Two Florida lawmakers propose major changes to school district operations
Two Florida lawmakers have proposed identical legislation seeking permission to break up the state's countywide school districts and make school board elections partisan affairs again.
Sen. Jeff Brandes, R-St. Petersburg, and Rep. Matt Caldwell, R-Fort Myers, filed resolutions late Tuesday to ask voters to amend the state constitution Article IX on education. If approved, the measure would strike the language stating that each county shall constitute a school district. In its place, they propose this wording:
As provided by general or special law, any contiguous area of the state, whether a county or a municipality, may constitute a school district.
They go on to say that each school district will be governed by an elected school board of at least five members. They would delete the word "nonpartisan" from the races, overturning a 1998 vote to remove the parties from school board seats. The lawmakers would go even a step further, proposing that a county or municipality governing body could serve as the school board if approved by general or special law.
But wait. There's more. The lawmakers also would allow for the abolishment of school districts by law.
Brandes told the Gradebook on Wednesday that his goal is to create more flexibility in the governance of the state's school systems. As it stands now, he said, the constitution limits any ability to revamp the model, even if changes are needed.
"Throughout state government, the state can dissolve counties and combine them. The state can dissolve cities and combine them," he said. "But they have no power over school boards without going to the constitution. Maybe it's time to take those out of the constitution and allow the Legislature to have more review of school boards."
Caldwell suggested the proposed new rules would provide more local control to small communities caught up in large countywide bureaucracies. He mentioned small island towns in his home county, as well as the struggling schools of south St. Petersburg highlighted in the Times' Failure Factories series.
"It's clear the Pinellas school district has failed those students," Caldwell told the Gradebook. "It may ultimately be that the best solution can come from the school district. But having the opportunity to present to the city of St. Petersburg the option of running those schools themselves could be an excellent discussion."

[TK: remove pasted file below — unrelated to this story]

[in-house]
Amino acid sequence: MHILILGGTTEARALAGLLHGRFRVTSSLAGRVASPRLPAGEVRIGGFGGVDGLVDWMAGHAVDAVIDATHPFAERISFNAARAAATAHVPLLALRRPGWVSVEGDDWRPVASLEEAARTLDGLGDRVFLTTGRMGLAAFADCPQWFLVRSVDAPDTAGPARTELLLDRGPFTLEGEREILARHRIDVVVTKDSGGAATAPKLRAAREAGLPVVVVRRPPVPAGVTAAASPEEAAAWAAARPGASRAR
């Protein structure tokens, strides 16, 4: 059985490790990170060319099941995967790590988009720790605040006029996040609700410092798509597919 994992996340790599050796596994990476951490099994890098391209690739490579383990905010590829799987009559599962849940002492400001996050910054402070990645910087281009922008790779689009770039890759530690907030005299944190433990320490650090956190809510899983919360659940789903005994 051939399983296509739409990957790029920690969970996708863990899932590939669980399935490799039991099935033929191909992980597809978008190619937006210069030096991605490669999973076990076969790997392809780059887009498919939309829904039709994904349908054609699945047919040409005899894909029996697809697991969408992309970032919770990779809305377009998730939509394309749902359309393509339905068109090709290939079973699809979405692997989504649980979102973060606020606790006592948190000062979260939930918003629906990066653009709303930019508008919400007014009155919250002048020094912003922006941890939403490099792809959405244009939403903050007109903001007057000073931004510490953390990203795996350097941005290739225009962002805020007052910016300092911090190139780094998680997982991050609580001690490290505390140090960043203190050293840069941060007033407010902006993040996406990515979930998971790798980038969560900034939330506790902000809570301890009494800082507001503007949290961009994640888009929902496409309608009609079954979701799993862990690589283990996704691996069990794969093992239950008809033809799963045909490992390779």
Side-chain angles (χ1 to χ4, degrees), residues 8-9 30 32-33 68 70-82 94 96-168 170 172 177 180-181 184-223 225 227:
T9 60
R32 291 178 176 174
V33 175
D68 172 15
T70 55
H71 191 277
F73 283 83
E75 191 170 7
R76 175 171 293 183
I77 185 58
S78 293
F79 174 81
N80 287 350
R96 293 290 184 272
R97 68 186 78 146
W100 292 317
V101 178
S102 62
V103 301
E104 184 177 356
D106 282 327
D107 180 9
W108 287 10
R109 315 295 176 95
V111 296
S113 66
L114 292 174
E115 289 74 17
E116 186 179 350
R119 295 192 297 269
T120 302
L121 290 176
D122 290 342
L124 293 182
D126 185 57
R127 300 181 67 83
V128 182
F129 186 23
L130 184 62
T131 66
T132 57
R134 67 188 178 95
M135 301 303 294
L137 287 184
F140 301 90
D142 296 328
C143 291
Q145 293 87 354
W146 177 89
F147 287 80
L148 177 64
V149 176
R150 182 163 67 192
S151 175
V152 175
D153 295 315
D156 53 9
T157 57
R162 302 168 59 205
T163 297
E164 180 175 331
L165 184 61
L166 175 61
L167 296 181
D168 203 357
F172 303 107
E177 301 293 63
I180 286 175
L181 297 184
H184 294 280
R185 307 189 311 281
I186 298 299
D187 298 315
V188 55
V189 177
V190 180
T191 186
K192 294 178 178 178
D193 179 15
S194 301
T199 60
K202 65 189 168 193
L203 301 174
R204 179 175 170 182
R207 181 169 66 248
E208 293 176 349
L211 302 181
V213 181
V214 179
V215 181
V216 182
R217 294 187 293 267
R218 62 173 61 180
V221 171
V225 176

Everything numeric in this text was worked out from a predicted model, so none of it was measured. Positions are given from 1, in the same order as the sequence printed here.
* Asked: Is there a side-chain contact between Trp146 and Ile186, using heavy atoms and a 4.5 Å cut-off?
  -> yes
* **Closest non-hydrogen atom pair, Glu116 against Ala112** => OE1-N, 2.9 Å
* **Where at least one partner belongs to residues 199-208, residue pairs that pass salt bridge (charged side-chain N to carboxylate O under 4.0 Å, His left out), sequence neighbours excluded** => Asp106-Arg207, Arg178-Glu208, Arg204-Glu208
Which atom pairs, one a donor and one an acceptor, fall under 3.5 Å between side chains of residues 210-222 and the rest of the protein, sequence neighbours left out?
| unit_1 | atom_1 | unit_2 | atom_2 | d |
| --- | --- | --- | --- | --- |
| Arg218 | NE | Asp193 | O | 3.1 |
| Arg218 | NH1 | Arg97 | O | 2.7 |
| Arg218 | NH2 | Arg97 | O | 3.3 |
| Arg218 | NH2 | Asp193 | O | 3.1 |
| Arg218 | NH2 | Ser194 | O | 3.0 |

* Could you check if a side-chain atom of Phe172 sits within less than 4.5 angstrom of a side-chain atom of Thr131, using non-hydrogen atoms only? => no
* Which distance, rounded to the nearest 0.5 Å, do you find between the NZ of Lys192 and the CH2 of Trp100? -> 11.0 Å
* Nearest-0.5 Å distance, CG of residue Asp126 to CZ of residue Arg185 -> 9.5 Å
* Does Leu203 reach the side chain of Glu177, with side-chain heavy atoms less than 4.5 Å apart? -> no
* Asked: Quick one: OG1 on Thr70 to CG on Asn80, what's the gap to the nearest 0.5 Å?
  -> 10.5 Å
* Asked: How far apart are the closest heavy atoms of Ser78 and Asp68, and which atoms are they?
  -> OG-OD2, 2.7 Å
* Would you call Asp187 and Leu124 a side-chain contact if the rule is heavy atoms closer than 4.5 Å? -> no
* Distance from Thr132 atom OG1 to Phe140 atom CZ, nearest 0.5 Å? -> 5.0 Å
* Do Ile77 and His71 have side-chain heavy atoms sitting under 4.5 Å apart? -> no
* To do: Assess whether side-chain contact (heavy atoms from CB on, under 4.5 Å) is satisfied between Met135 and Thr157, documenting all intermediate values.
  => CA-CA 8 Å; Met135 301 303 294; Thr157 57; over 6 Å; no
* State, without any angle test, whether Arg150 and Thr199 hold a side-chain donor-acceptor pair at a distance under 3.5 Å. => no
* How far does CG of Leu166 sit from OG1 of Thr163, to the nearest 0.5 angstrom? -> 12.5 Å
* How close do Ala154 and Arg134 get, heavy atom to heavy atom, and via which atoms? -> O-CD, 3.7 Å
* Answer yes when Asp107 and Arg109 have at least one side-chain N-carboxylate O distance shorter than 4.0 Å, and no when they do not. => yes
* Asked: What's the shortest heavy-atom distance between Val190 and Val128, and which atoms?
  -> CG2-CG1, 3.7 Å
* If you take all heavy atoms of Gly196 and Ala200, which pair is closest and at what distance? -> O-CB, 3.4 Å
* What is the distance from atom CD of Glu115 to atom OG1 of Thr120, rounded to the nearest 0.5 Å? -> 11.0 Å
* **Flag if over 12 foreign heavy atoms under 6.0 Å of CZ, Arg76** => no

At the same time, small counties with small enrollments, such as neighboring Franklin and Liberty, would still have the ability to merge.
The proposal also would pave the way for cities to set up their own school systems. Some cities, such as Pembroke Pines and Cape Coral, already operate charter schools independent of their county school districts. But to open those, the cities needed school board approval. The amendment would eliminate that step.
Both lawmakers noted that the proposed rules would give communities permission to change their districts, but not require any alterations.
Bills to change Florida's school districts are not new. They've often emerged from the larger counties, such as Miami-Dade and Hillsborough, where leaders have wanted to break up systems they viewed as too monolithic.
The idea generated enough concerns in the mid-2000s that OPPAGA, the Legislature's research arm, wrote a report detailing the pros and cons. Though doable, OPPAGA stated, the reality conjures many potential educational, legal and financial challenges that would require careful review.
Brandes said he would welcome such conversation. "Let the issues be vetted," he said, "so we can do what's best for individual communities."
Both lawmakers acknowledged the idea might come under fire as retribution against superintendents and school board members who lately have questioned the validity of the state's testing and accountability model, put in place by the Legislature. They rejected any such criticism that might arise.
"This is the farthest thing from payback," Brandes said. "This is, should voters have the ability, should the state have more flexibility as it's addressing school systems of varying sizes and makeups, to address individual localized needs."
Representatives from the Florida School Boards Association said they did not have any comment on the bills at this time.